By Francis Parker Yockey. Francis Parker Yockey is well known for his tome Imperium, written under his pseudonym Ulick Varange. Much has been said about this massive work, subtitled The Philosophy of History and Politics Imperium. With the rise of Zionist power across the globe, and with America entrenched in a no-win bloody war in Iraq (fought only to protect and aid Israel in her conquest of the region), its pertinence will be as obvious to TBR readers as its frankness may be shocking to the politically correct.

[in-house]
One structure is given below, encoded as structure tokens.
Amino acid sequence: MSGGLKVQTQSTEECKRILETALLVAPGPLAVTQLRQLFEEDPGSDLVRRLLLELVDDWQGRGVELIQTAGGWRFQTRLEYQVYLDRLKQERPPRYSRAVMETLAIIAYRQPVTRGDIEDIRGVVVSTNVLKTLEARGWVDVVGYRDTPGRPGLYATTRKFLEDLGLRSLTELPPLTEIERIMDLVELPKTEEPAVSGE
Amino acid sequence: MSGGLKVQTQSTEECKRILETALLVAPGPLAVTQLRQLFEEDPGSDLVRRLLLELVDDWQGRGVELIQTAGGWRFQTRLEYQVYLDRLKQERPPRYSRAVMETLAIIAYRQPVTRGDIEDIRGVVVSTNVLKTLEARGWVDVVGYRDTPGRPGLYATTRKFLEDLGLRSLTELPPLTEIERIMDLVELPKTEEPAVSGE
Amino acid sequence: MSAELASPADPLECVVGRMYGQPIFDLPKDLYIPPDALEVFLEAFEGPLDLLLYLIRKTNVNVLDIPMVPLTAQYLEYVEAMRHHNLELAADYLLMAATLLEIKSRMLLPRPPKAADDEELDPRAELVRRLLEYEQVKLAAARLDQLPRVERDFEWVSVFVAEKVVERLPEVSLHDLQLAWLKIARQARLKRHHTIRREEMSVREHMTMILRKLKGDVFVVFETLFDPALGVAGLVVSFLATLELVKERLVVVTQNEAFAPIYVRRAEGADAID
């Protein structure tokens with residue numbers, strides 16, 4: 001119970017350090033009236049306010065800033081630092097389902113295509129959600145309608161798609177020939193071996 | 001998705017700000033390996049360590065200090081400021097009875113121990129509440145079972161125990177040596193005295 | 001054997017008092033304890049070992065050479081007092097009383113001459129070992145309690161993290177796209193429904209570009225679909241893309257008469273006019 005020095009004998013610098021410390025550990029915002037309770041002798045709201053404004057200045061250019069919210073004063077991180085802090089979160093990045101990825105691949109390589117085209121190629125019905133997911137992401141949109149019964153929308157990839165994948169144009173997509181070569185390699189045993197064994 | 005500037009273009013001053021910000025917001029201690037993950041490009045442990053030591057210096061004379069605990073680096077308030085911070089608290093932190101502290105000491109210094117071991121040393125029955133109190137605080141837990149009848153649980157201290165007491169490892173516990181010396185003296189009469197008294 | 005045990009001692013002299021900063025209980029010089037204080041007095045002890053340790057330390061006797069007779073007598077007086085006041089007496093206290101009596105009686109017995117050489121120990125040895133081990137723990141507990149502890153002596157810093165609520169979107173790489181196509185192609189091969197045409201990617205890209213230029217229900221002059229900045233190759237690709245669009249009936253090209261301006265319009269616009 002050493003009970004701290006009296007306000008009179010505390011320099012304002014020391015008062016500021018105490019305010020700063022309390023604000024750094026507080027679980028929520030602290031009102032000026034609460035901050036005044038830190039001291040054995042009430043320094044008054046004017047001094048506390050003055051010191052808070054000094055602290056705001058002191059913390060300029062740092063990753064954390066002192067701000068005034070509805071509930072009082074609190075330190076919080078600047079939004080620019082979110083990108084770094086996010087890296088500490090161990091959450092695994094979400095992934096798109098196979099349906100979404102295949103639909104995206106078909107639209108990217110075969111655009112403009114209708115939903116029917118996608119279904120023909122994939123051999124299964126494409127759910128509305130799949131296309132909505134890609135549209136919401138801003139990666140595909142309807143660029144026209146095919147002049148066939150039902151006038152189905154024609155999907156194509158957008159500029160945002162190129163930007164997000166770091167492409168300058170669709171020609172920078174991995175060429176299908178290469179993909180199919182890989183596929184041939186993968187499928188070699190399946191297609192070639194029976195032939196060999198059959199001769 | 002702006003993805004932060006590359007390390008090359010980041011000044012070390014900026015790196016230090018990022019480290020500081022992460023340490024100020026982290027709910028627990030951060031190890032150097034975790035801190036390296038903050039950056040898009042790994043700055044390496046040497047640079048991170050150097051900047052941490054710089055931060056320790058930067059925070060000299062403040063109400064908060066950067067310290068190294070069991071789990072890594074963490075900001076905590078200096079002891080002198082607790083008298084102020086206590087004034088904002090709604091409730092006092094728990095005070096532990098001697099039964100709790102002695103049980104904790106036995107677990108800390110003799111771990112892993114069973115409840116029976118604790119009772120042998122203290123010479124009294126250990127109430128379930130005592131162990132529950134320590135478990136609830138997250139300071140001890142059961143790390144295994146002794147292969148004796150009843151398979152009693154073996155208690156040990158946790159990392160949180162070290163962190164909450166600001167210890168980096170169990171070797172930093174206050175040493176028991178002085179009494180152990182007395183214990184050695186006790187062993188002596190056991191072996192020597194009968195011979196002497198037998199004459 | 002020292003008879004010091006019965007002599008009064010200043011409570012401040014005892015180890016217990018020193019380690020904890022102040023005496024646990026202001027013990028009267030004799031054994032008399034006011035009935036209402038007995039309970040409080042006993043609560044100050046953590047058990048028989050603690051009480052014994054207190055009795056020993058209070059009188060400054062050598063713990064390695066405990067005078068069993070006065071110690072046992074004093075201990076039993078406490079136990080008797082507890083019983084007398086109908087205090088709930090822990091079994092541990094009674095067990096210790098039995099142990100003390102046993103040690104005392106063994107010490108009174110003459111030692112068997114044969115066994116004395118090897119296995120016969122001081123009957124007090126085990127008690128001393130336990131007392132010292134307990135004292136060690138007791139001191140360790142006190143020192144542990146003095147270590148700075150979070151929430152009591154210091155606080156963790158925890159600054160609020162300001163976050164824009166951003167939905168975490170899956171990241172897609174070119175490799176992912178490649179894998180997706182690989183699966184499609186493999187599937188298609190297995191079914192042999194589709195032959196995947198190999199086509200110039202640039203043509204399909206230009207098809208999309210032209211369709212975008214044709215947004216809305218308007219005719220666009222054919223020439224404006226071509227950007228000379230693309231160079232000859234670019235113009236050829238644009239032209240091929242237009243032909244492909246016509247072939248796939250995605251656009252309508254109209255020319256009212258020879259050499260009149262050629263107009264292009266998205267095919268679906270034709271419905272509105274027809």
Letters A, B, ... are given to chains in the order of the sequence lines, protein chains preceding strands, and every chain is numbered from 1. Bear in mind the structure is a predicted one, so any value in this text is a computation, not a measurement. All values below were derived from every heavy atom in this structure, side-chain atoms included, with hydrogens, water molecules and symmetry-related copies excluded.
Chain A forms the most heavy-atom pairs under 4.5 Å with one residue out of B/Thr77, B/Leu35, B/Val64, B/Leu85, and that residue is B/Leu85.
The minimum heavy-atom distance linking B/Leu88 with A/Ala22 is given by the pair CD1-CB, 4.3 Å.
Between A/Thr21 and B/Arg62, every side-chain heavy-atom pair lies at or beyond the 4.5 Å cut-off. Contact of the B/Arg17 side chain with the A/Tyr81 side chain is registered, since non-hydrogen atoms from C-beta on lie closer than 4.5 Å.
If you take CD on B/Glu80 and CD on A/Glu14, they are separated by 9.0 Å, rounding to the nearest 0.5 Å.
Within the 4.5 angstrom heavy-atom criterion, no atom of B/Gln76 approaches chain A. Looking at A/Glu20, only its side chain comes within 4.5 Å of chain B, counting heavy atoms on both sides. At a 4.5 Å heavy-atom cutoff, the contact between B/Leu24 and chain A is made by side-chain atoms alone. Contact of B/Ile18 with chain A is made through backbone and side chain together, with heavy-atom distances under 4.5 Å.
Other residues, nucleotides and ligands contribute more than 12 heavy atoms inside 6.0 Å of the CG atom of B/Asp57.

The early American arrived at a land of which he knew nothing. He did not know its geography, its fertility, its climate, and its dangers. In the north, he encountered forests, rocky soil and winters of a rigor he had not known before. In the south, he met with swamps, malaria and dense forests. Everywhere he encountered the hostile savage with his scalping knife and his warfare against women and children. In little groups, these early Americans cleared the forests and built homes and forts. The men plowed the fields with rifles slung over their shoulders, and in the house, the wife went about her duties with a loaded weapon near at hand. There were ships to and from Europe, and the colonials could have left their hardships and gone back, but they would not admit defeat. [Read the entire article as PDF…]